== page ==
Peter Coyote, the customary Voice of Burns, is our narrator, with a croaky Mandy Patinkin speaking Franklin’s own words — of which he left many, including an unfinished autobiography and a wealth of aphorisms still in common use. "Benjamin Franklin," which premieres Monday, features a complement of historians of various ages, colors and genders, who triangulate the Founding Father's personality and accomplishments, taking the less good with the good but finding more reasons for admiration than (mitigated) censure. One calls him the only founder "who evidently had a sense of humor, who was evidently human, who evidently had a sex life.”
Executed with Burns’ usual bounty of pictorial sources — success gets you access — a minimum of re-creation (some sailing ships, type being set, a key being made) and new woodcut-style illustrations, it’s a handsome piece, spread over four hours and two nights. As the most famous American of his generation — the first face of the nation — Franklin was much painted, in his life and afterward; we get a good visual picture of his life and times.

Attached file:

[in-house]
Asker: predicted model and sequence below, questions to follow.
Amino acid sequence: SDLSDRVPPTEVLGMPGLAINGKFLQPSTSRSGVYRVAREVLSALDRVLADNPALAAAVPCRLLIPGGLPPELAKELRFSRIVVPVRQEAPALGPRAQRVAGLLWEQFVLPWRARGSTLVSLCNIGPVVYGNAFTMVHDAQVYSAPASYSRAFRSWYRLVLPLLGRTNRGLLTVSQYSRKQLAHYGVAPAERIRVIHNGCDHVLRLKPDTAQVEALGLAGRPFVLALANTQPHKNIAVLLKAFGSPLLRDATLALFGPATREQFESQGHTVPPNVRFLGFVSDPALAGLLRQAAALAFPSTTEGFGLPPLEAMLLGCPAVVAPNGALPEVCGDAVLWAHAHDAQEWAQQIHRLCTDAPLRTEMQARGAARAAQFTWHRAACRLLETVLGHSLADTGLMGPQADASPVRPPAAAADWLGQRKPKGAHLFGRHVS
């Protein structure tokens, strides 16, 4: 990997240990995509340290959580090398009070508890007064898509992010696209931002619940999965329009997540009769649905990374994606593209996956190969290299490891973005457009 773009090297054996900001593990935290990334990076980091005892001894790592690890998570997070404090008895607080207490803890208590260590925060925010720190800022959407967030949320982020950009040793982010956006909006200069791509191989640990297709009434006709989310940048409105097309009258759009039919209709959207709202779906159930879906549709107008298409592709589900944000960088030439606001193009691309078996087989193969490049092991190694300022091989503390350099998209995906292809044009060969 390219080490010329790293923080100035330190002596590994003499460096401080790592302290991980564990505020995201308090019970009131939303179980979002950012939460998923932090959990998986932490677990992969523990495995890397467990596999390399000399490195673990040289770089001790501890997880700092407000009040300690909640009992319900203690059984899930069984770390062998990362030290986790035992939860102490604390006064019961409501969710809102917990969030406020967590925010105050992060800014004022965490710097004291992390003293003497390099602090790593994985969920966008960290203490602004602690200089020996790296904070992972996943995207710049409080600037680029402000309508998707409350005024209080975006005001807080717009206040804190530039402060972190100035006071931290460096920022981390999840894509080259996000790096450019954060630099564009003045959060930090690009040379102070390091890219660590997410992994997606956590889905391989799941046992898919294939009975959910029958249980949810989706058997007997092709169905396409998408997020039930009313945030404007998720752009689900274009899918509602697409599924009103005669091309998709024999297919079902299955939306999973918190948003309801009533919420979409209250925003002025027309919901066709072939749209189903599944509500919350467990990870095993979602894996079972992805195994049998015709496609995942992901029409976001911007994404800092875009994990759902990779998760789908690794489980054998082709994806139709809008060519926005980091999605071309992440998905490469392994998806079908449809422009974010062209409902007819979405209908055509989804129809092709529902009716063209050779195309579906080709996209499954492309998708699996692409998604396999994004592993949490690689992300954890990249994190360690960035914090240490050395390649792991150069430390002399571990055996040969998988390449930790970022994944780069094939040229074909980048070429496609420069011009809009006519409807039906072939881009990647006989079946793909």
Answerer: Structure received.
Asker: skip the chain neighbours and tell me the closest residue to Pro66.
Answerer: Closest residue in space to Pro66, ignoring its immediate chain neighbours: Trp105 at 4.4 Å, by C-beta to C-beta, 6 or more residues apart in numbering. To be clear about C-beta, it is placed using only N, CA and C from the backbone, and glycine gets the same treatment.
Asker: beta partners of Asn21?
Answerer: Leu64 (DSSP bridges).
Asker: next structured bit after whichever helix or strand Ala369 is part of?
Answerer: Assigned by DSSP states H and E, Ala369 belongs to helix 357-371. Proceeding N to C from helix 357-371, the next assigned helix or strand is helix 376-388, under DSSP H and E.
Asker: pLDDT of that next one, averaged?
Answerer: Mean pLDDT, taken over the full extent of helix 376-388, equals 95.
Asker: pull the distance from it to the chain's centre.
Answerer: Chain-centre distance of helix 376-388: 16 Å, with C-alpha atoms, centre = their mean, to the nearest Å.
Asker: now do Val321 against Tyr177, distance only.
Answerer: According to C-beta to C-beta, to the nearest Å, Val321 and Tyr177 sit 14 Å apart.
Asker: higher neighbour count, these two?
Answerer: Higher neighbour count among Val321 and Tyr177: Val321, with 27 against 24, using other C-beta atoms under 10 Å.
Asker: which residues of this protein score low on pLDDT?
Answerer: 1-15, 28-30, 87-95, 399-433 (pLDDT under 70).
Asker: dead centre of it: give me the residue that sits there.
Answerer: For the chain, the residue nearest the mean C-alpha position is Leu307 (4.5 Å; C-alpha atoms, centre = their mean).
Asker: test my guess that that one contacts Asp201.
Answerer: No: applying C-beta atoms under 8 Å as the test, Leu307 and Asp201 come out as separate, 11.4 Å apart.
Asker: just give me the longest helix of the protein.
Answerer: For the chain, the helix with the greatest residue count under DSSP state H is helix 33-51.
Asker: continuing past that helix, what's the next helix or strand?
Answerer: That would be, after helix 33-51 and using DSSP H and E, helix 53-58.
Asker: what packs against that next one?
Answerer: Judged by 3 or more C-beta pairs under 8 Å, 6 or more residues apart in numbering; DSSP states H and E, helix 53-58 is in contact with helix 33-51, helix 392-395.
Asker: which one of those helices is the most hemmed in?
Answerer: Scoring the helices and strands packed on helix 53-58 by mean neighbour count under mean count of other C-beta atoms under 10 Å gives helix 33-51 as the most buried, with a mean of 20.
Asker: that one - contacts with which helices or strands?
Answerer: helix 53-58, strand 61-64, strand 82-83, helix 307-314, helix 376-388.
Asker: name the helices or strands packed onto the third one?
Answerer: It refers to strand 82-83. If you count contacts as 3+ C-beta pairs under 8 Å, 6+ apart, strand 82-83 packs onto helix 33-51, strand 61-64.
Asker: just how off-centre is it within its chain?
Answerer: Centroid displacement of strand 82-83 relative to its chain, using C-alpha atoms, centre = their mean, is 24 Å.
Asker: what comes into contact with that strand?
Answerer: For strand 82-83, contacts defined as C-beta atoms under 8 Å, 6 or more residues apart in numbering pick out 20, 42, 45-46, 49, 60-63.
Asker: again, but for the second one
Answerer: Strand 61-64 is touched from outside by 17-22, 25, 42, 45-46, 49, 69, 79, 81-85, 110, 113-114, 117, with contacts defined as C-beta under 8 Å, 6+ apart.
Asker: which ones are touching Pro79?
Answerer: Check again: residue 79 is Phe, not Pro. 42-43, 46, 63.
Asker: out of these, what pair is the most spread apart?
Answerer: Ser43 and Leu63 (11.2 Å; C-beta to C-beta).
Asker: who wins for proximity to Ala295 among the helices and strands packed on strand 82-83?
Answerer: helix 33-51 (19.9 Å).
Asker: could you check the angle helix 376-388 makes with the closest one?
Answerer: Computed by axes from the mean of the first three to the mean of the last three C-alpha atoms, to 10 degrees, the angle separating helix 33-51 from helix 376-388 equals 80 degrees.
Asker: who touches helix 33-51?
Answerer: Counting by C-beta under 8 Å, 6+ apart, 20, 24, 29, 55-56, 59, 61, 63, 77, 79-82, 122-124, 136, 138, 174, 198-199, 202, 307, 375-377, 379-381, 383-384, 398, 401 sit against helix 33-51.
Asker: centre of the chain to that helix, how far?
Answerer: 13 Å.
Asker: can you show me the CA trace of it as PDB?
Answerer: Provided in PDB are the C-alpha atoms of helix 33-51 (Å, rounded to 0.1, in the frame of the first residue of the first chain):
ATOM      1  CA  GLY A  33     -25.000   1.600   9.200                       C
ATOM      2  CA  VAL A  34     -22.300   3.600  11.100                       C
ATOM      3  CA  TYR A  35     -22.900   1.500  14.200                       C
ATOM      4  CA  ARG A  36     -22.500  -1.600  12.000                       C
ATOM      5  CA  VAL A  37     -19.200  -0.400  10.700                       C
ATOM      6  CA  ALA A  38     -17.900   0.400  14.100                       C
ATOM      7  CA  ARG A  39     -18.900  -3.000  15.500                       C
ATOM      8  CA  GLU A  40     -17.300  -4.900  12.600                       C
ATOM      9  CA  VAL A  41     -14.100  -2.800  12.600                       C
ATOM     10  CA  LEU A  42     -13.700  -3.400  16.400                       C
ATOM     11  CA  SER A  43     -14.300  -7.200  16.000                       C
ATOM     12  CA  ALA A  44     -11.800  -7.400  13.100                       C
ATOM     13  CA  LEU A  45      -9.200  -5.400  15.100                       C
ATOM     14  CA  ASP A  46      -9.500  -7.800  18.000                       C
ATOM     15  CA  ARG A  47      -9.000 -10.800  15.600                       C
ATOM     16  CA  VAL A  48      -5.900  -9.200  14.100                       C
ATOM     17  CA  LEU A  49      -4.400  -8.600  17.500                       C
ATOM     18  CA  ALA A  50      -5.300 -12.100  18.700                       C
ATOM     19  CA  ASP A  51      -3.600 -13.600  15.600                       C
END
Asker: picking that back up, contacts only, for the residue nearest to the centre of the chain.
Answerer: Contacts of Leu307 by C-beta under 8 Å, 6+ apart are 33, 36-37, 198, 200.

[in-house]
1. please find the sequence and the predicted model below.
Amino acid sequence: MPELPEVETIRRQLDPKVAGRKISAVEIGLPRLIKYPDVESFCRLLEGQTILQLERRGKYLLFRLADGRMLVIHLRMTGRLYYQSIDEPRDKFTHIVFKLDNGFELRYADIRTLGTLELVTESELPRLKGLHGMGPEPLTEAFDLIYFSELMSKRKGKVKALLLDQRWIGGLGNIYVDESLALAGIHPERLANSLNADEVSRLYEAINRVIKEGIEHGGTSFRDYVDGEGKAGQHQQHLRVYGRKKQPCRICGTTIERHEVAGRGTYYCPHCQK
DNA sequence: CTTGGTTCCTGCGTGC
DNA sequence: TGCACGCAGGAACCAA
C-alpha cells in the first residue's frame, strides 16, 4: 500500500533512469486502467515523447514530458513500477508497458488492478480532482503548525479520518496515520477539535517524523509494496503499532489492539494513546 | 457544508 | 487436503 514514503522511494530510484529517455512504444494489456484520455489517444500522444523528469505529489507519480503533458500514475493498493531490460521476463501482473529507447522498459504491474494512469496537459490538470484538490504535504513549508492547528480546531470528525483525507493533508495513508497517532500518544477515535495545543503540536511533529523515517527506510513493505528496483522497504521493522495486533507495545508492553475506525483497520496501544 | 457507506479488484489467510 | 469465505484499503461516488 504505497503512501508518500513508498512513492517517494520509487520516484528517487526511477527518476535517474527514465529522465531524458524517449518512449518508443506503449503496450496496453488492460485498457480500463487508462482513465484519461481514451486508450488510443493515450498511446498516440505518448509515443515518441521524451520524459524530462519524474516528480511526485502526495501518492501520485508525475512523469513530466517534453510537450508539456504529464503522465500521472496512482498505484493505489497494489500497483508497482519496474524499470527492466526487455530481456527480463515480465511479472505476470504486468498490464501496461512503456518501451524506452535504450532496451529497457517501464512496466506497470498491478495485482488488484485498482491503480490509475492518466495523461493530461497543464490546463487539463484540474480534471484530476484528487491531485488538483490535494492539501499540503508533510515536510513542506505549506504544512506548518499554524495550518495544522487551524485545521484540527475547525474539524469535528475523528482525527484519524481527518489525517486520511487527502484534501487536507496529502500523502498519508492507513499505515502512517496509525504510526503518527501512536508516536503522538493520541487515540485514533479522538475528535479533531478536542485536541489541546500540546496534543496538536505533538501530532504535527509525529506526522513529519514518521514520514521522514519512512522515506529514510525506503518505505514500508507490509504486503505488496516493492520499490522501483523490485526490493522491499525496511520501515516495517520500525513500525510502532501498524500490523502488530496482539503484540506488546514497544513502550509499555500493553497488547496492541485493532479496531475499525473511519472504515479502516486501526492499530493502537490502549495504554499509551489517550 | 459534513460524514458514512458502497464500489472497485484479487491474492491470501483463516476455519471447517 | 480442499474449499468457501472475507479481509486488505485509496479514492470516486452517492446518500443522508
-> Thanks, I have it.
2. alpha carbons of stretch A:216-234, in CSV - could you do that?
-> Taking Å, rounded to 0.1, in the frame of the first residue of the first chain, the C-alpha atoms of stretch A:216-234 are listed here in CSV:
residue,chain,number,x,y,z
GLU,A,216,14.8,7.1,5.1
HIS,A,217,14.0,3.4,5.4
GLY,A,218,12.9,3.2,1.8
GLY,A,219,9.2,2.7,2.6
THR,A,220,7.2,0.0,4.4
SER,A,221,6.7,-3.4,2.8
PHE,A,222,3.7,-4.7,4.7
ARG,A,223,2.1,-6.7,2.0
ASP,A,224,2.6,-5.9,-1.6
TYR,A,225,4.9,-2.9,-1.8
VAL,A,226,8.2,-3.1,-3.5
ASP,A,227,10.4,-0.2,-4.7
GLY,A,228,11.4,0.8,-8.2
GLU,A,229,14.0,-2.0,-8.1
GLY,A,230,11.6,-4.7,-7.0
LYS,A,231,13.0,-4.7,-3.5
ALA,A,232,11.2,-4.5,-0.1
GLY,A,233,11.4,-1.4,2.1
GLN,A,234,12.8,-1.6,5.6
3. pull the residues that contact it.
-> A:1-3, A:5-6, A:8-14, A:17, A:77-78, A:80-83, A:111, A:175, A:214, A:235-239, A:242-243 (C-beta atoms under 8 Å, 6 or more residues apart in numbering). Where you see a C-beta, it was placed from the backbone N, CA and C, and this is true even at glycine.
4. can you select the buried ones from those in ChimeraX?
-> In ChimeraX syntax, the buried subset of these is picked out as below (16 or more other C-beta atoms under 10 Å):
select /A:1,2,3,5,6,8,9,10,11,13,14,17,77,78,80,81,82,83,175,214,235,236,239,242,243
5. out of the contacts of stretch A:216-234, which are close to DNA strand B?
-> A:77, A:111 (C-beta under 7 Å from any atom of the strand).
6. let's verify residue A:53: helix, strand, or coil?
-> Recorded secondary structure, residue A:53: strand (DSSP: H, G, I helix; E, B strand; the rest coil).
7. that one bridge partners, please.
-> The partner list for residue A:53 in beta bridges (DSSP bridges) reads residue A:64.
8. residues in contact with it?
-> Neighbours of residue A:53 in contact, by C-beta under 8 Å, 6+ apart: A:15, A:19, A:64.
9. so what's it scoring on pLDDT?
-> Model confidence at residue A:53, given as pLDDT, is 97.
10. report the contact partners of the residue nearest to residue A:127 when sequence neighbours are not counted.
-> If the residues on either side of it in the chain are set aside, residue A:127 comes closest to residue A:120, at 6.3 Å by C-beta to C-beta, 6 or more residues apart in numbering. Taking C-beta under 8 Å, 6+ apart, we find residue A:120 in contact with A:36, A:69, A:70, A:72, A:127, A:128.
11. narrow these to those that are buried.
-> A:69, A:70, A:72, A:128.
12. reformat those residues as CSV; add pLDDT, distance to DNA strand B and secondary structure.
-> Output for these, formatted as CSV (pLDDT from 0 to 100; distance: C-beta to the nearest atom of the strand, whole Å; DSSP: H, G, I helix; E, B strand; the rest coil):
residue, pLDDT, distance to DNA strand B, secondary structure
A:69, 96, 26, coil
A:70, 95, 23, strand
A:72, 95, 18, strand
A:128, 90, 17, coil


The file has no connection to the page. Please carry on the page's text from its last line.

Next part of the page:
With his recognizable grandfatherly mien and sundry colorful extra-political exploits, Franklin is something of a folk character, joshed and lampooned (as in the book and Disney cartoon “Ben and Me,” which attributes his successes to a church mouse) and can seem a supporting player in history rather than one of its prime movers. Franklin’s story was what we might think of as quintessentially American before the colonies were even united, in spite of the fact that he happily spent years away from them, representing colonial interests in London and revolutionary interests in Paris, where he was celebrated and flirted with like a septuagenarian pop star — “Somebody it seems gave it out that I loved ladies, so everybody presented me their ladies, or the ladies presented themselves to be embraced” — even as he secured the financial and military support without which you might today be pledging allegiance to the queen.